Cedric Thorpe Davie

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Prof Cedric Thorpe Davie OBE FRSE FRAM RSA LLD (1913-1983) was a British musician and composer, specialising in film scores, most notably The Green Man in 1956. A high proportion of his film and documentary work and compositional work has a Scottish theme.

Life[edit]

He was born in Lewisham in south London on 30 May 1913,[1] the son of Thorpe Davie, a music teacher and choir master.[2] The family moved to Glasgow early in his life and he attended the High School of Glasgow.[3]

He studied at the Scottish National Academy of Music in Glasgow and the Royal Academy of Music in London. In London he was instructed in piano by Egon Petri and Harold Craxton, and horn by Aubrey Brain. He was instructed in composition by Ralph Vaughan Williams and Dr R. O. Morris. In 1935 he travelled to both Helsinki and Budapest, for further training under Yrjo Kilpinen and Zoltán Kodály. He returned to Glasgow in 1936 and began lecturing in music.[4] Early works included creation of operas such as Gammer Gurton’s Needle.[5]

In the Second World War he served in the National Fire Service covering the Glasgow docklands (an area of intense bombing). After the war he moved to St Andrews University as Master of Music, being raised to full Professor of Music in 1973.

He was involved heavily in the newly created Edinburgh Festival in the 1950s, and oversaw production of important new Scottish musical works such as Ane Satyre of the Threi Estaites.[6] He was very fond of putting Scottish literary works to music, including: Sunset Song, Cloud Howe, The Beggar's Benison, A Drunk Man Looks at the Thistle , Ramsay's The Gentle Shepherd [7] etc.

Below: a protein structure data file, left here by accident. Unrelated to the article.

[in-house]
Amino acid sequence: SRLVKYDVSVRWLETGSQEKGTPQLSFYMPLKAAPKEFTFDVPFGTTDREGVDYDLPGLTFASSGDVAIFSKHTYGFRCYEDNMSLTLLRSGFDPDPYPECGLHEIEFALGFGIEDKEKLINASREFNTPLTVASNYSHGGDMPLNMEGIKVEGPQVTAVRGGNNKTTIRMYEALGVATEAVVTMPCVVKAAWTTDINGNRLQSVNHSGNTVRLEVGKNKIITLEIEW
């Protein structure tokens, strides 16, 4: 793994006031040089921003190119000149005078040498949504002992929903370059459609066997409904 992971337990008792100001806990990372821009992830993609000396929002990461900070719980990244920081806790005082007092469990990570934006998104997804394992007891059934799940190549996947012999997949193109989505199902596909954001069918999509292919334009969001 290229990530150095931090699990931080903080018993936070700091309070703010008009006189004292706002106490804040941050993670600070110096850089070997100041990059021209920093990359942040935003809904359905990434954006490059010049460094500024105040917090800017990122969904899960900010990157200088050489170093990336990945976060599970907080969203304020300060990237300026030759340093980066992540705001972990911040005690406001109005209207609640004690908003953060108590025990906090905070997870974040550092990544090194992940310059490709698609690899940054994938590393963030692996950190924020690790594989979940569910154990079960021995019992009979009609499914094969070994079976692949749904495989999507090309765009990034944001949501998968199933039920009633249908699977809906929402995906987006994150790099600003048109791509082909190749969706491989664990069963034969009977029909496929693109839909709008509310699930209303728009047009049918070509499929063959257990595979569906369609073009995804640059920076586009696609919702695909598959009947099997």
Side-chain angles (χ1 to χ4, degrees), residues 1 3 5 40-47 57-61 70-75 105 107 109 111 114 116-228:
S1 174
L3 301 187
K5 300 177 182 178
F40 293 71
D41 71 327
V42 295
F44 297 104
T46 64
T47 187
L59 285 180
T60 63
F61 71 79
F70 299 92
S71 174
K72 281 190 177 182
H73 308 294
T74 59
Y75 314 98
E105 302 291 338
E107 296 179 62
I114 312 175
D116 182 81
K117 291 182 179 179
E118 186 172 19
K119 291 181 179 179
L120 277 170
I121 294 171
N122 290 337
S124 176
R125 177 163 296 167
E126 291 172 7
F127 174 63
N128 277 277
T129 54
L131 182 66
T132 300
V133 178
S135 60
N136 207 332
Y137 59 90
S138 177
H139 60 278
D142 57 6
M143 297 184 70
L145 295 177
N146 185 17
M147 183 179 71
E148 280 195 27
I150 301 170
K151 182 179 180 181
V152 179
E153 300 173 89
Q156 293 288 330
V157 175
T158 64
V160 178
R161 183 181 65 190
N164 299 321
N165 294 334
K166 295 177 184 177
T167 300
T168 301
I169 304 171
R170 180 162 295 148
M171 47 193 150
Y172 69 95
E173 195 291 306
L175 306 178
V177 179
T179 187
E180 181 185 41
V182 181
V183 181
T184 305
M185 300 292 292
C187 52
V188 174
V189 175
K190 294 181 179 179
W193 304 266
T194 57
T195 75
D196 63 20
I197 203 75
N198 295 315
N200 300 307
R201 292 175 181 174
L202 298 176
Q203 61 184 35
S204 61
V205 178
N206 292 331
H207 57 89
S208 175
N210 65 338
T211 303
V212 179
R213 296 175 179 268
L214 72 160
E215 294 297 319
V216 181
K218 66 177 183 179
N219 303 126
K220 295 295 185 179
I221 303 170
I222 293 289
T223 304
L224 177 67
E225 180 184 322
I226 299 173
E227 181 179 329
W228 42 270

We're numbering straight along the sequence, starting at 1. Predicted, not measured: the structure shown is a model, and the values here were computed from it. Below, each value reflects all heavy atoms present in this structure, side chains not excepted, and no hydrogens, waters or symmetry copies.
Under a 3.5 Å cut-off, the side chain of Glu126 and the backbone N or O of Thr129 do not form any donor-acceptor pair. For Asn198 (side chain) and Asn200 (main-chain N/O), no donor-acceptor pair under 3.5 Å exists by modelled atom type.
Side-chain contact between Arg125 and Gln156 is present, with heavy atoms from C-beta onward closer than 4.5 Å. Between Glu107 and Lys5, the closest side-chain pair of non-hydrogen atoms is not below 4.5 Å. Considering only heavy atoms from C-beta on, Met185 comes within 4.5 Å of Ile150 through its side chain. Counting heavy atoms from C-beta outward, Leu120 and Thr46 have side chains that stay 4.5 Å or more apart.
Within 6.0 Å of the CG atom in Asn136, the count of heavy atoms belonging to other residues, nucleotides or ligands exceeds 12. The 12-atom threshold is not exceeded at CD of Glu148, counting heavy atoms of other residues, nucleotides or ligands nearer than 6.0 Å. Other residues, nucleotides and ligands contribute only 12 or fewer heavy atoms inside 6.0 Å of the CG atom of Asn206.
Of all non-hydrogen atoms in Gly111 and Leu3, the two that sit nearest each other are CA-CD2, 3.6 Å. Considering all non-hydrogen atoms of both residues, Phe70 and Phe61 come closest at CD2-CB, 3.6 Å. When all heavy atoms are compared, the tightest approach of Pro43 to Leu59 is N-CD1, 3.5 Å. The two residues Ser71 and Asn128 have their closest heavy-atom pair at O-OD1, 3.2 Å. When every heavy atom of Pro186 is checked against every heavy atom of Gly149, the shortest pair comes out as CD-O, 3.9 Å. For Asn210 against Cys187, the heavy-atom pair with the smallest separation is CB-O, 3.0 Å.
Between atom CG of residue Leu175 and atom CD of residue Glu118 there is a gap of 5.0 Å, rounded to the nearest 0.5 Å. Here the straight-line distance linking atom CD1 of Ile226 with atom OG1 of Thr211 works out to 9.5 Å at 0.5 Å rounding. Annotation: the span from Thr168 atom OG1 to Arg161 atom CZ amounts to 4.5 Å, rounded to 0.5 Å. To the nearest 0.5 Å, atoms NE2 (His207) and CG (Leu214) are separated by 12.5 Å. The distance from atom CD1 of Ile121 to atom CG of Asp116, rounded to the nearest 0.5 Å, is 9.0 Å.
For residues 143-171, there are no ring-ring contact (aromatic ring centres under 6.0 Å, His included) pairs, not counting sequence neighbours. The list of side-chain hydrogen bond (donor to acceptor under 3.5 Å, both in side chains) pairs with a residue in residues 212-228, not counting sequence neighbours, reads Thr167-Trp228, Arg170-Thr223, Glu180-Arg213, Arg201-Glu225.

In 1955 he was made an Officer of the Order of the British Empire (OBE). In late life (1978) he was elected a Fellow of the Royal Society of Edinburgh. His proposers were Sir Thomas Malcolm Knox, J. Steven Watson, Sir Norman Graham, Norman Gash, GWS Barrow and Anthony Elliot Ritchie.[8]

He lived in St John's Town of Dalry, Kirkcudbrightshire and died there on 18 January 1983.[1]

A substantial collection of his manuscripts and scores is held by the University of St Andrews.[9]

Family[edit]

In 1937 he married Margaret Russell Brown (d.1/10/1974). He had two sons.[10] 1.Anthony John Thorpe Davie (b.17/11/1939 - d. 8/1/2003) whose children are: Kirsten Elizabeth Davie (b.17/8/1978), Jenifer Thorpe Davie (16/6/1980) and Thomas Alan Thorpe Davie (25/8/1982) 2.Stephen William Thorpe Davie (b.8/4/1945 -) who has one child: Colin Thorpe Davie (25/5/1976)

Recognition[edit]

In 2013 St Andrews University held a special event to mark the centenary of Davie's birth.[11]

Film Scores by Davie[edit]

Publications[edit]

  • Music Structure and Design (1966)
  • The Oxford Scottish Song Book (1969) joint editor
  • Scotland’s Music (1980)

References[edit]

External links[edit]